And this little piggy ...
A patient put down her stress to her work: 'I take my work home with me'.
'What's your job,' I enquired.
'Pig-farmer,' she replied.
After a struggle I managed to remove the mental image of her walking home with a pig under each arm.
Dr Jeremy Phipps, Market Deeping, Lincolnshire
The safe journey home
A few years ago I saw a female patient for whom I prescribed antibiotics. I enquired what she used for contraception (so I could advise her appropriately).
'I get off at Bilston,' she replied. Confused when I asked her again she replied rather embarrassed: 'We don't go all the way to Wolverhampton.'
Then the penny dropped - she was using the withdrawal method.
Dr Ian Sykes, Oldbury, West Midlands
Recently a patient walked into the surgery in a distressed state. When I asked what the problem was he responded: 'My wife had a hip replacement eight weeks ago and she is in a distressed state and now I am stressed out too.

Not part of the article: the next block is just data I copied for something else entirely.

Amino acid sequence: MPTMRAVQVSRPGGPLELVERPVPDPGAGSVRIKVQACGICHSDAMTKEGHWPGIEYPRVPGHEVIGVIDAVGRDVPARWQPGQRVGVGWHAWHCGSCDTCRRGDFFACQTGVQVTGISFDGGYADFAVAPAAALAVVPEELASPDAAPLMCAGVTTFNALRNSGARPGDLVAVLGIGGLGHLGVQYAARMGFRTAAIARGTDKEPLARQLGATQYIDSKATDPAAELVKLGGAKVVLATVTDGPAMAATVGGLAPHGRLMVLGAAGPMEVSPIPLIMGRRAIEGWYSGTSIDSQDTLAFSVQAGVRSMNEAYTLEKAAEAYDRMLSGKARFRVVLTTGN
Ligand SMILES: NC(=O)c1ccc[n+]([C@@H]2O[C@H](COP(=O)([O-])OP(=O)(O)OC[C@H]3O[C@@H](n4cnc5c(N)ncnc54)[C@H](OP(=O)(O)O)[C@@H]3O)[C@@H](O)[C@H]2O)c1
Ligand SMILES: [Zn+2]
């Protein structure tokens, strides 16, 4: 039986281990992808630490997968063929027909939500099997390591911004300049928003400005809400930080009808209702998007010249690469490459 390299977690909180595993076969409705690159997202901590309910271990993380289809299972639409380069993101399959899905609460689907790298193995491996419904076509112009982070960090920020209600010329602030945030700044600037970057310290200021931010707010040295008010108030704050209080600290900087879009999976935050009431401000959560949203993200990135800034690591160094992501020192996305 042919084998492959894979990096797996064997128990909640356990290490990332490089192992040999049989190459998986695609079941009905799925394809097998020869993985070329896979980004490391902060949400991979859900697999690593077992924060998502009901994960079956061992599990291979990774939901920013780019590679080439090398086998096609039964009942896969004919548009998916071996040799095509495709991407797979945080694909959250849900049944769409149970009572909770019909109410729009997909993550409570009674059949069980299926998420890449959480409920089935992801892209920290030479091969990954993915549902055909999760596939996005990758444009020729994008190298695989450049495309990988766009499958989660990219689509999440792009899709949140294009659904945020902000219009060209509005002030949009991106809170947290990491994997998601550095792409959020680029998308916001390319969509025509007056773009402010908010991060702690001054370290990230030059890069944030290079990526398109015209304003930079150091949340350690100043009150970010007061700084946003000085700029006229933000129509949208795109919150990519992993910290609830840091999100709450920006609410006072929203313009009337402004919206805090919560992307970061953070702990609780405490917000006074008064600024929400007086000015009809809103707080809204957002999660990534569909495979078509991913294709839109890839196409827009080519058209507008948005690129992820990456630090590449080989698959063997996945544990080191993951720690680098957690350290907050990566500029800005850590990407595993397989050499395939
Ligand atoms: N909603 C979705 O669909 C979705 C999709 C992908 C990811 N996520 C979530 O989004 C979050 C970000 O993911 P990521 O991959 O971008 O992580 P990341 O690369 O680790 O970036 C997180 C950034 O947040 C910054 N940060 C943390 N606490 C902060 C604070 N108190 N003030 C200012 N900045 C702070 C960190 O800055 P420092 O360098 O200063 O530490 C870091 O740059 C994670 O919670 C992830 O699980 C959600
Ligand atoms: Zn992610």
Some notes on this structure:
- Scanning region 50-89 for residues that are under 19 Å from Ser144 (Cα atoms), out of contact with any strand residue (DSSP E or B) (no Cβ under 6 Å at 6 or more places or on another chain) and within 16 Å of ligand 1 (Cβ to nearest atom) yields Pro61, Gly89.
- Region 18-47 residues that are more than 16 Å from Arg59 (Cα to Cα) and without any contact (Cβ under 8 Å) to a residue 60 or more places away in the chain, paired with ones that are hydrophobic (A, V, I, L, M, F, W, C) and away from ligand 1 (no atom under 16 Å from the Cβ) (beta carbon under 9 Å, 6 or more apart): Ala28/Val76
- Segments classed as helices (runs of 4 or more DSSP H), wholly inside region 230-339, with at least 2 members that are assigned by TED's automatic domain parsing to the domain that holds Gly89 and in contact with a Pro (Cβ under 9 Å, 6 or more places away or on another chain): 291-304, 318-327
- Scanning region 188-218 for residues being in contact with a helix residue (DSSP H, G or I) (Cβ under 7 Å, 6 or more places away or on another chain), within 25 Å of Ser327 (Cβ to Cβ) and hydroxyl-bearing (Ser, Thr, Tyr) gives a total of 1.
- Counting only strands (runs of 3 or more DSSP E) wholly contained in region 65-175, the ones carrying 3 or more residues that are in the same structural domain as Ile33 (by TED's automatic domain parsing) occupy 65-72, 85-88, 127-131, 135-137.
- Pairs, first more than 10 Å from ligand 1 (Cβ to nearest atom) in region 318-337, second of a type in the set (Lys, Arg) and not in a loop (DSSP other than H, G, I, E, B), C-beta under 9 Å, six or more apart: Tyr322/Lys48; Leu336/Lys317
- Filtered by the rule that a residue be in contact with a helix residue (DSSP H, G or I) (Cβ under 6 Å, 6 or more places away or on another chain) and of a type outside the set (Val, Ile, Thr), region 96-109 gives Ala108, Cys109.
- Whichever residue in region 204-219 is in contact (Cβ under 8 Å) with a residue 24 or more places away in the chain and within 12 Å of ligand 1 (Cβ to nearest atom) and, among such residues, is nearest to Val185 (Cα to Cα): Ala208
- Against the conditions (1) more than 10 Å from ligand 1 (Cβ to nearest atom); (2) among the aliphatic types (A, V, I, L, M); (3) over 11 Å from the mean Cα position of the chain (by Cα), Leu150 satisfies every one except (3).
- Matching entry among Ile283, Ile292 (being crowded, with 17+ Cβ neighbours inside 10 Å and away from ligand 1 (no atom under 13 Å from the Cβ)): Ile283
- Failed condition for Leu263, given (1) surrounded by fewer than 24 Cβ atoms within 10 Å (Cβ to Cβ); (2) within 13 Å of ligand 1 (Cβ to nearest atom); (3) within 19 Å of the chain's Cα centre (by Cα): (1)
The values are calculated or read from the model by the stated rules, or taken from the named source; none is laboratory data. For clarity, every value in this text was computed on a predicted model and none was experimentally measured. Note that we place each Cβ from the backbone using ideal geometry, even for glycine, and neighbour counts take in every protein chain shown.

'Last night I wanted to garrotte her and then kill myself, what shall I do?'
Frantically I rang the mental health team for help. I must have dialled the number in a hurry and added a wrong digit as the local crematorium answered the call.
I could not suppress my laughter as the irony dawned on me, the patient was not amused, so I decided to tell him what happened. He burst out laughing; even though he was stressed he saw the irony of it.
He waited around for a couple of hours till he was seen by the mental health team and is recuperating now, thankfully.
Dr John Zacharias, Lincoln, Lincolnshire
Great balls of fire
It came as something of a disappointment when I visited the elderly gentleman referred to in the message as 'coughing up flame'.
Dr Alex Dowers, Townhead, Glasgow
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